Incinerator move ‘bad for investment in Newport’
A MAN who spearheaded plans for a waste burner at Llanwern Steelworks says a decision to deny it planning permission could put off future investment in the city.
Veolia executive director Robert Hunt, who was responsible for the proposal, said the firm has not given up on Prosiect Gwyrdd.
Newport council planning committee went against officers' advice and refused planning permission on the grounds of the effect the incinerator could have on ecology, transport and the Glan Llyn redevelopment scheme.
Officers said there had been no evidence that the incinerator would affect for Glan Llyn to be finished and marketed.
Mr Hunt said overseas investors would look at the plan and see it was approved by council officers: "You could be forgiven for thinking they'd perhaps invest in another economy where it is better received, where you don't have the caprice of this political overlay.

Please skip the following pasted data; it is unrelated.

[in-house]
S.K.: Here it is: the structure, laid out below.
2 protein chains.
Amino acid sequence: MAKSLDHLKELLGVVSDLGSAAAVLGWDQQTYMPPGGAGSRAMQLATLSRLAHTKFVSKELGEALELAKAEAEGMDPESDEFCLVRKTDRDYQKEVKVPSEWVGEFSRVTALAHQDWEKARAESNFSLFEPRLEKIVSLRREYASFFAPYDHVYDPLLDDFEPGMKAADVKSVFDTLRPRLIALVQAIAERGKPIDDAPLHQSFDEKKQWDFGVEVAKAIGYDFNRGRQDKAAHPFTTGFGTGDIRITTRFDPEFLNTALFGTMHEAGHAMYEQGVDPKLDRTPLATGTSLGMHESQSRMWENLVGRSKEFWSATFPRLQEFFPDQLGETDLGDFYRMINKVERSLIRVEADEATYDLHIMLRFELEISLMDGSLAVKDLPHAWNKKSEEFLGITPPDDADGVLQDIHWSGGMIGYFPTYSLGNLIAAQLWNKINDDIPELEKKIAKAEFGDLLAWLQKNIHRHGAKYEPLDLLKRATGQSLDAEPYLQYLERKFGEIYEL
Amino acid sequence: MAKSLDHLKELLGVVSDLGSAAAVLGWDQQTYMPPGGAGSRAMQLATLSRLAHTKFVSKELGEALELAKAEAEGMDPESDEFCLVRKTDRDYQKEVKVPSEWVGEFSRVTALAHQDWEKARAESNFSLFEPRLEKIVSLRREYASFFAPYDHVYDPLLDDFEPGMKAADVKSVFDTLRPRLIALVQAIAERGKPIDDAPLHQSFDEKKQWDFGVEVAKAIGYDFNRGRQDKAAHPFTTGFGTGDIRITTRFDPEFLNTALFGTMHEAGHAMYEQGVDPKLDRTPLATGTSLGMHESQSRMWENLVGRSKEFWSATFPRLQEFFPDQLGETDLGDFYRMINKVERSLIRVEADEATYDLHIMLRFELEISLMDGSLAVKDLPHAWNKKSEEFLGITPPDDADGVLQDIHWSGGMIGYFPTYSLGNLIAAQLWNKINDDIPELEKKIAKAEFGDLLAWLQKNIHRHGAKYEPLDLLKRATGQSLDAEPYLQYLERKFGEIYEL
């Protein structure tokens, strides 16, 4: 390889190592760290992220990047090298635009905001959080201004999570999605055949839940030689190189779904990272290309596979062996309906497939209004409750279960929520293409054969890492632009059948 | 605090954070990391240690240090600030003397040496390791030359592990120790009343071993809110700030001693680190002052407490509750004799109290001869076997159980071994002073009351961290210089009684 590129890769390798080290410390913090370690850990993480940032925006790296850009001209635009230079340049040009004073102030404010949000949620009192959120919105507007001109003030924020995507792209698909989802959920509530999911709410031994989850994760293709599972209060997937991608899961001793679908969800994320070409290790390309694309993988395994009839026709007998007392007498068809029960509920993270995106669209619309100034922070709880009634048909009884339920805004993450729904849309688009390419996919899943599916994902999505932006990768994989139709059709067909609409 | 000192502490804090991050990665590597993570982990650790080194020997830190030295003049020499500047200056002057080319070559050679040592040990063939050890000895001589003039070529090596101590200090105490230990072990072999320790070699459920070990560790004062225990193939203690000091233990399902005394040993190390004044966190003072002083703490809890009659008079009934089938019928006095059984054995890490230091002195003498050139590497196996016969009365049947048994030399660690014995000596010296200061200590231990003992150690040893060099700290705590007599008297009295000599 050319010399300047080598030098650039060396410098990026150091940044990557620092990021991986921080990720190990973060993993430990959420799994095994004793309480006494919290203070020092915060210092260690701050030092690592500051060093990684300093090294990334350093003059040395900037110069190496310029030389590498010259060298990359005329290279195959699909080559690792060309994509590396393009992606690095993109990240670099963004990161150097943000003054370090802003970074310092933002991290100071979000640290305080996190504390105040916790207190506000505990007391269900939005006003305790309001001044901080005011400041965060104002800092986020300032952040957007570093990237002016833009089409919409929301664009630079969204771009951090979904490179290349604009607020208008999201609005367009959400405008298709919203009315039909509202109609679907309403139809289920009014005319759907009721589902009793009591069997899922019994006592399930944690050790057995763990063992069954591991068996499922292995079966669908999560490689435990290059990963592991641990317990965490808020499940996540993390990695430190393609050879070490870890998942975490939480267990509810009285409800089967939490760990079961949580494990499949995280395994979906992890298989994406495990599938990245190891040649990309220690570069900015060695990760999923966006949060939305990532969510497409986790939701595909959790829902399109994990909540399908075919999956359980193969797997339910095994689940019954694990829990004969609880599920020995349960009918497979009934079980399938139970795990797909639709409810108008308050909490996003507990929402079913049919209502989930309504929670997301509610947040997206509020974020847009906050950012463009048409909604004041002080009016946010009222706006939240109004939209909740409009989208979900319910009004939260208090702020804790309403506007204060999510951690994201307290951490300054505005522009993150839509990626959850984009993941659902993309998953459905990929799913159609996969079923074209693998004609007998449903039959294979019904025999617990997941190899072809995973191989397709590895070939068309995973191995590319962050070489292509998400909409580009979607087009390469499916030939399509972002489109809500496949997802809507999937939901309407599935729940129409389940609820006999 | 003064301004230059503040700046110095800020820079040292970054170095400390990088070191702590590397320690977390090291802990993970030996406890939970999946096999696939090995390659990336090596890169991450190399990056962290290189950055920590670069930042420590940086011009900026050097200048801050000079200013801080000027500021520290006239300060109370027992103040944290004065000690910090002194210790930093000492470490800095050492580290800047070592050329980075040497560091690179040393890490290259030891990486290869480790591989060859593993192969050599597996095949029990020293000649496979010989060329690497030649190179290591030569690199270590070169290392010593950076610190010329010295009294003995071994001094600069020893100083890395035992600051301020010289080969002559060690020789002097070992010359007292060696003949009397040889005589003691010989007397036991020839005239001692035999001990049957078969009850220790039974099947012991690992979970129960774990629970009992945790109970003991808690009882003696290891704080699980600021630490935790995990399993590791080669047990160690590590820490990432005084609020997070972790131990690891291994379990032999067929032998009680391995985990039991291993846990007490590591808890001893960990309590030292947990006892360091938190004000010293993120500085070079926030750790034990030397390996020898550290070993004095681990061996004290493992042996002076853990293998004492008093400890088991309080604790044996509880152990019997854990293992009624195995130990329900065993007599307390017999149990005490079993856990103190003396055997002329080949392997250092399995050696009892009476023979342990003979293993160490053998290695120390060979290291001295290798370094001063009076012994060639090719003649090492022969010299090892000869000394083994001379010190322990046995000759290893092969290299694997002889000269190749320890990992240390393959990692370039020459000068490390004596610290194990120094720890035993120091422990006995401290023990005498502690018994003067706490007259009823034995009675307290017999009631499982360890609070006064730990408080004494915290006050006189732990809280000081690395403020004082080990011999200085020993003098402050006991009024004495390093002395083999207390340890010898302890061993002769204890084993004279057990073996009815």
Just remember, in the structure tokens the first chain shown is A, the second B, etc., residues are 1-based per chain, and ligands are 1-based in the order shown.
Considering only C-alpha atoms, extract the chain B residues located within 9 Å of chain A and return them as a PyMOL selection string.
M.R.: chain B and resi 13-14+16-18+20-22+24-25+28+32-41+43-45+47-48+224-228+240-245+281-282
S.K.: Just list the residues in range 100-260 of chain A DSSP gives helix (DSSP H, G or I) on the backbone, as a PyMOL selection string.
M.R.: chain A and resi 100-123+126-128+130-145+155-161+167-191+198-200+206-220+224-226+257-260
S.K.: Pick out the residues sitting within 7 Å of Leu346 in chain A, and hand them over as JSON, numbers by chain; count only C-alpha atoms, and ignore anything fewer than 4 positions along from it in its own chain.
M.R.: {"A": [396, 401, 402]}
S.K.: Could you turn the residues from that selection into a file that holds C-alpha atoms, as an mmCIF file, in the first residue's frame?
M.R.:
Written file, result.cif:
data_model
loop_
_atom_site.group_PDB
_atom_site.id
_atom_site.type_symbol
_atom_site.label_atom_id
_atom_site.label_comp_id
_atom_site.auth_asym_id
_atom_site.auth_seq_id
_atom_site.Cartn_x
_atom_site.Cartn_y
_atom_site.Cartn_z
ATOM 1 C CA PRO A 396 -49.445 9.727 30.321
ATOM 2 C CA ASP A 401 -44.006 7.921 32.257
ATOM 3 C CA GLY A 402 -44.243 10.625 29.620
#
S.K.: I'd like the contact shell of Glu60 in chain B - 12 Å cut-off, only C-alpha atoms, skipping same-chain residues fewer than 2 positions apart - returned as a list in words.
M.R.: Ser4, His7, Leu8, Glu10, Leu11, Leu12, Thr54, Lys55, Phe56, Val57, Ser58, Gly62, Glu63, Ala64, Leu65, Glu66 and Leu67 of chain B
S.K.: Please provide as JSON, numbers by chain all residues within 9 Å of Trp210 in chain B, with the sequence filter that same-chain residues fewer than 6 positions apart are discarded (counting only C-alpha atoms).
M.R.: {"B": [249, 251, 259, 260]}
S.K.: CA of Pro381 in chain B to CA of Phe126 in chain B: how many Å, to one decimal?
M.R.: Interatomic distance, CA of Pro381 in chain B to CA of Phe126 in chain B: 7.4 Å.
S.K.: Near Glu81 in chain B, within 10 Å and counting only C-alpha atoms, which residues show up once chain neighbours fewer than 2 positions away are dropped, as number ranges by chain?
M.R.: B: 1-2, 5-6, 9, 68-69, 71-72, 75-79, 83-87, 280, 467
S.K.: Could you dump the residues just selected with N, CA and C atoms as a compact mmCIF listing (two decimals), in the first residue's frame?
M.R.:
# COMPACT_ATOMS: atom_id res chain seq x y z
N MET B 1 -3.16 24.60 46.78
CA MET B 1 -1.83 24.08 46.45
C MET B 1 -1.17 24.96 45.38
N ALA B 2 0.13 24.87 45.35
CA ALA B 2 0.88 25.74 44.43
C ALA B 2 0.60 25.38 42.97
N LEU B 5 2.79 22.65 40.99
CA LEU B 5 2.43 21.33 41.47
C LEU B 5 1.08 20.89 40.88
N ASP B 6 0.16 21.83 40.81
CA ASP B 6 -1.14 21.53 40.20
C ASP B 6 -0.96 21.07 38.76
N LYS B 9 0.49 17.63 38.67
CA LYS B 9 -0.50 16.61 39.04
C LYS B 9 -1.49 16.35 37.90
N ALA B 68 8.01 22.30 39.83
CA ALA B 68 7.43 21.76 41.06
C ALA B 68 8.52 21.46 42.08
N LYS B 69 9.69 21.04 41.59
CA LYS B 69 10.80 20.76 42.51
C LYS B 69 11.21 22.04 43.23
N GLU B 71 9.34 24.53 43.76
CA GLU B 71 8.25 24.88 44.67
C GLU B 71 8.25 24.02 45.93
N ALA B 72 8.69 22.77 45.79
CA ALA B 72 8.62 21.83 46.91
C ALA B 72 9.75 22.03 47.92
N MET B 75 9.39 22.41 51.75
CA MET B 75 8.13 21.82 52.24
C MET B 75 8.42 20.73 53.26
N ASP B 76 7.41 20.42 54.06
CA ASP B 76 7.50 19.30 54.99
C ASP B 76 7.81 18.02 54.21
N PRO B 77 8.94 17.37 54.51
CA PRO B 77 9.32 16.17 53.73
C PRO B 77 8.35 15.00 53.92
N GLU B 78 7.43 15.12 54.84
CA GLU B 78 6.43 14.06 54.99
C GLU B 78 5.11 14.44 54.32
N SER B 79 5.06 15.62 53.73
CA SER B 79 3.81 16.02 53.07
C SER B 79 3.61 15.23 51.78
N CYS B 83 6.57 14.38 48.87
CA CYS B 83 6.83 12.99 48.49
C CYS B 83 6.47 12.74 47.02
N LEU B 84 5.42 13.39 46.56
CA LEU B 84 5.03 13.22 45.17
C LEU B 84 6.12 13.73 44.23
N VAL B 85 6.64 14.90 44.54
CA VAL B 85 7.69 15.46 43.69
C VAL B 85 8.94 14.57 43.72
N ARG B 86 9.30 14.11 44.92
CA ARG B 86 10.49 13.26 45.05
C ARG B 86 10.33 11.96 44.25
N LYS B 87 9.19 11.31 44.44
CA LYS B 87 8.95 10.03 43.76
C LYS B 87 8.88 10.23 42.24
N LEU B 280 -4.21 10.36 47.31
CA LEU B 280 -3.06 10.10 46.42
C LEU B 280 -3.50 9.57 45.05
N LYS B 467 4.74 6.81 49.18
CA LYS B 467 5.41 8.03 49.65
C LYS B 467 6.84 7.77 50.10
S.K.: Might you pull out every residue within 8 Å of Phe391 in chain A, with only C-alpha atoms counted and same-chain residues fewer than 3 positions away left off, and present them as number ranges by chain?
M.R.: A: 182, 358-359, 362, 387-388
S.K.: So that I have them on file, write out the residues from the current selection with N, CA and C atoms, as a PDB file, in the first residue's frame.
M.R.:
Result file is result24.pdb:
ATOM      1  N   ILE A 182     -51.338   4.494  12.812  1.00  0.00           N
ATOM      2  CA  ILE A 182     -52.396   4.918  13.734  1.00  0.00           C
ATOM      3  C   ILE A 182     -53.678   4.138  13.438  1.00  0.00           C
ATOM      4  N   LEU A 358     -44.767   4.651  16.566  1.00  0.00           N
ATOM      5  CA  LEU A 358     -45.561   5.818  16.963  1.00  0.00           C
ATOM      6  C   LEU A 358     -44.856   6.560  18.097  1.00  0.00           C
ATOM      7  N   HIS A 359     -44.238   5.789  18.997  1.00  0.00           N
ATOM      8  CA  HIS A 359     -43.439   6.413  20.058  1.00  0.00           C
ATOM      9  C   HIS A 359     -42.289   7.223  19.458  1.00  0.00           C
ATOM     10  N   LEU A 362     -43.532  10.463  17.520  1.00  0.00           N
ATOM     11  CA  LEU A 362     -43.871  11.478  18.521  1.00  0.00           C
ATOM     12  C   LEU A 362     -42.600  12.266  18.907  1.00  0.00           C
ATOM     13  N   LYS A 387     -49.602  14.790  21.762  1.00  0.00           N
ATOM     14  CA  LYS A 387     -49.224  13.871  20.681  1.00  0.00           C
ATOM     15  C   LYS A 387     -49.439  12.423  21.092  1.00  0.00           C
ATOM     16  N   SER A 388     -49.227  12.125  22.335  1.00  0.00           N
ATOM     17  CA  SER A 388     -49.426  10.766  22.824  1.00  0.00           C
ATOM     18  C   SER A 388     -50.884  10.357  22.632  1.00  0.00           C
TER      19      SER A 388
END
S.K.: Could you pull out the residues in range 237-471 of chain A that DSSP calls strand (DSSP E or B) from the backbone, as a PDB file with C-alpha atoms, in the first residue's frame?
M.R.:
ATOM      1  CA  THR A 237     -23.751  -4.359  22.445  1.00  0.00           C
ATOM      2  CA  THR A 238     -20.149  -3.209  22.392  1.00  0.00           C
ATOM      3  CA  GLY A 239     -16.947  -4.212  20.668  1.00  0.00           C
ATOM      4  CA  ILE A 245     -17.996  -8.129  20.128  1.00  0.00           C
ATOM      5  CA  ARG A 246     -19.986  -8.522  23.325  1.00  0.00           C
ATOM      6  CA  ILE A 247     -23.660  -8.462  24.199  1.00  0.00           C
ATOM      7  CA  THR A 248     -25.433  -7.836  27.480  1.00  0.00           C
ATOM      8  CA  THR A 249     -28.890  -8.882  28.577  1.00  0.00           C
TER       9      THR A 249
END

"Prospective inward investors in Newport will be discouraged by this decision at a time when UK regions are competing for investment."
He said the firm's advisors will be looking at whether the firm is likely to be successful on appeal: "We haven't given up on Prosiect Gwyrdd. We're still involved."
Mr Hunt said the £200 million scheme would have provided Tata with a secure "renewable" energy supply which would have boosted job security at the plant.
Around 350 would have been employed in building the plant, the director said, with the firm wanting to use local labour as much as possible, while 45 people would work there when its operating.
Glan Llyn developer St Modwen had objected to the plans and Mr Hunt said he understood the sensitivity over the residential development.
But he said: "We have a plant outside Basingstoke. It has a number of properties worth a substantial amount of money a similar distance away.
"The traffic generated by the plant was "nowhere near the amount" that would be generated by a residential development, Mr Hunt argued, adding a study from the Department of Health concluded there was no impact on human health.